When it comes to scientific knowledge, many of us are woefully behind the most up-to-date research that is going on, often right at our doorsteps. For those who don’t take an interest in chemistry, biology, or physics at school, there is no real reason to carry on having a thorough understanding of the scientific process or to consider what might be going on in the labs at your local university and to what end.
Outside of a few elements of the periodic table, the names of a few laboratory tools, and the basic understanding of human, animal, and plant biology (the mitochondria is the powerhouse of the cell!), not many people can speak with much knowledge on the topics of research, the scientific process, or the make-up of the natural and synthetic worlds which surround us every day.
Here are three interesting and important scientific terms you should know for those who are curious to learn more about the basics of scientific research and the process of knowledge production.
A xenograft is a practice of attaching tissue or an organ from a member of one species to the member of another. This means attaching a piece of one animal to another animal entirely: so rather than putting a skin graft from one rat onto another rat, a researcher may attach a skin graft from a rat onto a rabbit or the other way around. Similarly, it is how certain animal grafts are being trialed in innovative lifesaving human surgeries.
This is a word you have likely heard in a sci-fi context: a quantum leap, or the quantum realm, for example, are terms often used by futuristic space captains and superheroes on different planets in some of our favorite films, tv shows, and books. However, this is a genuine scientific term that is very often used in modern research.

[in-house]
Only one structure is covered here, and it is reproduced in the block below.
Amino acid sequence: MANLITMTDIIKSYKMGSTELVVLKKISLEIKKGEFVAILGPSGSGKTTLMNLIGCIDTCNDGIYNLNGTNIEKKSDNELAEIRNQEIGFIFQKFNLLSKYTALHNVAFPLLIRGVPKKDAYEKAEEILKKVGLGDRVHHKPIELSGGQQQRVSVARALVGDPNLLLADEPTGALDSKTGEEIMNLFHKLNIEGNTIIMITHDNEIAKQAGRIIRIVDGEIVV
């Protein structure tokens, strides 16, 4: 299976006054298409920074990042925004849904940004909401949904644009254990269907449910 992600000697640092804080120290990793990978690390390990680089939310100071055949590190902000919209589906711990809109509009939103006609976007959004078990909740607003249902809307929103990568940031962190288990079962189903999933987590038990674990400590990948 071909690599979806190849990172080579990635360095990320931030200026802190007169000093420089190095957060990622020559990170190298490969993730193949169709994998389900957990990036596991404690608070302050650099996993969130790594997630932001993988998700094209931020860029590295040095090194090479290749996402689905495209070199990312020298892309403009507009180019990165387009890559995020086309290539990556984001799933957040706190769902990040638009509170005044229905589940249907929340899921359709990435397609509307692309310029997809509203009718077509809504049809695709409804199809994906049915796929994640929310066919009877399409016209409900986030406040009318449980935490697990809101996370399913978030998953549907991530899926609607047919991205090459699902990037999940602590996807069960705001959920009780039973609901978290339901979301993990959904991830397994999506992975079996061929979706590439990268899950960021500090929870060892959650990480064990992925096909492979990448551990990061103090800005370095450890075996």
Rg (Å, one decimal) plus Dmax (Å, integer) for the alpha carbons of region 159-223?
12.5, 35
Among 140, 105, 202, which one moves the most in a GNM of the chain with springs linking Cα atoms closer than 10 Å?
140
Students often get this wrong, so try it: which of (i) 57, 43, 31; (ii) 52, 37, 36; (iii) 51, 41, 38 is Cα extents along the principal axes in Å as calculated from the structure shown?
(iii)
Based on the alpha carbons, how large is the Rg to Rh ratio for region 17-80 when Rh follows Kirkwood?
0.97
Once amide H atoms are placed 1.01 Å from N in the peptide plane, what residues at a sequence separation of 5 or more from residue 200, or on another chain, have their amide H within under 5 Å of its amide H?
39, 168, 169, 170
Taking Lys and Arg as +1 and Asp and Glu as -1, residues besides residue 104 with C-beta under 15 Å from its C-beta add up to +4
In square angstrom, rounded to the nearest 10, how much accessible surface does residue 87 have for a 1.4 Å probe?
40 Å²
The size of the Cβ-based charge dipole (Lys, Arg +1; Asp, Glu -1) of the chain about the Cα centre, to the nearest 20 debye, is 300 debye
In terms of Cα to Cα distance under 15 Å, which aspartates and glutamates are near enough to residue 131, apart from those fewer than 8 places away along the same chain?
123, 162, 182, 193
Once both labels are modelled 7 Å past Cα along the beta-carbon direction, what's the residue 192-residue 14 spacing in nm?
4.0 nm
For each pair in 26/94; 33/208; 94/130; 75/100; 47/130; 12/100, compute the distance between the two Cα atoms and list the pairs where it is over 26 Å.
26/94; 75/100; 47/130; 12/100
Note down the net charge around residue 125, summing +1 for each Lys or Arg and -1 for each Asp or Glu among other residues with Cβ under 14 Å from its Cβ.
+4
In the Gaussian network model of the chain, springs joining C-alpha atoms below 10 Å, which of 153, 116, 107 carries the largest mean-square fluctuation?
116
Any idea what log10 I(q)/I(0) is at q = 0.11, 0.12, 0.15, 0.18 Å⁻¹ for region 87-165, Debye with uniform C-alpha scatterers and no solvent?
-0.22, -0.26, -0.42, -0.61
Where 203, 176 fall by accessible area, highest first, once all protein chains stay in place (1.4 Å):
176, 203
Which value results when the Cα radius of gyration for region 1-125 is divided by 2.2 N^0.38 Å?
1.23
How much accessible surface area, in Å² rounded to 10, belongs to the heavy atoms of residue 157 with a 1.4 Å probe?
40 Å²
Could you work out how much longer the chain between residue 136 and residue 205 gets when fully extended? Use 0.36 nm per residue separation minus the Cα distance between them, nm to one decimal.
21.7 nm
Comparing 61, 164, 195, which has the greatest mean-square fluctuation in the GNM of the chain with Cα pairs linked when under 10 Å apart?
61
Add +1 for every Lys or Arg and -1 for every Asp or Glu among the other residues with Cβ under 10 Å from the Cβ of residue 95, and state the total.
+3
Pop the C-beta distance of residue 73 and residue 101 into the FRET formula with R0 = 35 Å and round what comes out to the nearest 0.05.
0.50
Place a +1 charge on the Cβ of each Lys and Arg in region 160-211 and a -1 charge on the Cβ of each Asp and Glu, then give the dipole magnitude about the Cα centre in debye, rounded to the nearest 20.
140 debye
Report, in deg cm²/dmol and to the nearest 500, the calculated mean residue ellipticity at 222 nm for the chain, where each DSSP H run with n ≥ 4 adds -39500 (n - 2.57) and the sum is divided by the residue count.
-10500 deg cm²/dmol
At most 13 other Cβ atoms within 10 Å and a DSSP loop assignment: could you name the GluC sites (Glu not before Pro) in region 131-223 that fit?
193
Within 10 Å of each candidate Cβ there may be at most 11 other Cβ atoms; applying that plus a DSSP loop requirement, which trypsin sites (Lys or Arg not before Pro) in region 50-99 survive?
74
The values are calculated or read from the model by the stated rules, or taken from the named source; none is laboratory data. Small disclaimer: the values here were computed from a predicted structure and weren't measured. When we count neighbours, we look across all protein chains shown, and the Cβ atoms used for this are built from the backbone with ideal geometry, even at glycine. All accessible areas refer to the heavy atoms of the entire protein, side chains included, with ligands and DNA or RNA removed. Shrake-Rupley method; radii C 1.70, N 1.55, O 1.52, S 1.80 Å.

So what does it mean? It technically refers to the smallest indivisible unit of energy. That is, the thing that we get to once we have broken apart energy as many times as we can. At that level of tiny, things get remarkably strange and unrecognizable, at least where scientists are concerned, making it such an important term for researchers in labs aiming to understand the world.
This is a word many people think they know already: it is often used colloquially and seldom correctly. Simply, meta- is a prefix that refers to a change in position or a shift in meaning. Metastasis, metamorphosis, etc.; these are terms scientists use to track specific changes in substances, processes, reactions, and biological beings. The prefix is often used in scientific research to point to specific micro-level changes or ways that are hard to document concretely or broad in nature.
Learning a bit more about scientific language could benefit all of us. After all, this research makes up the world we know to be around us! Starting simple is a great way to feel connected to this crucial realm.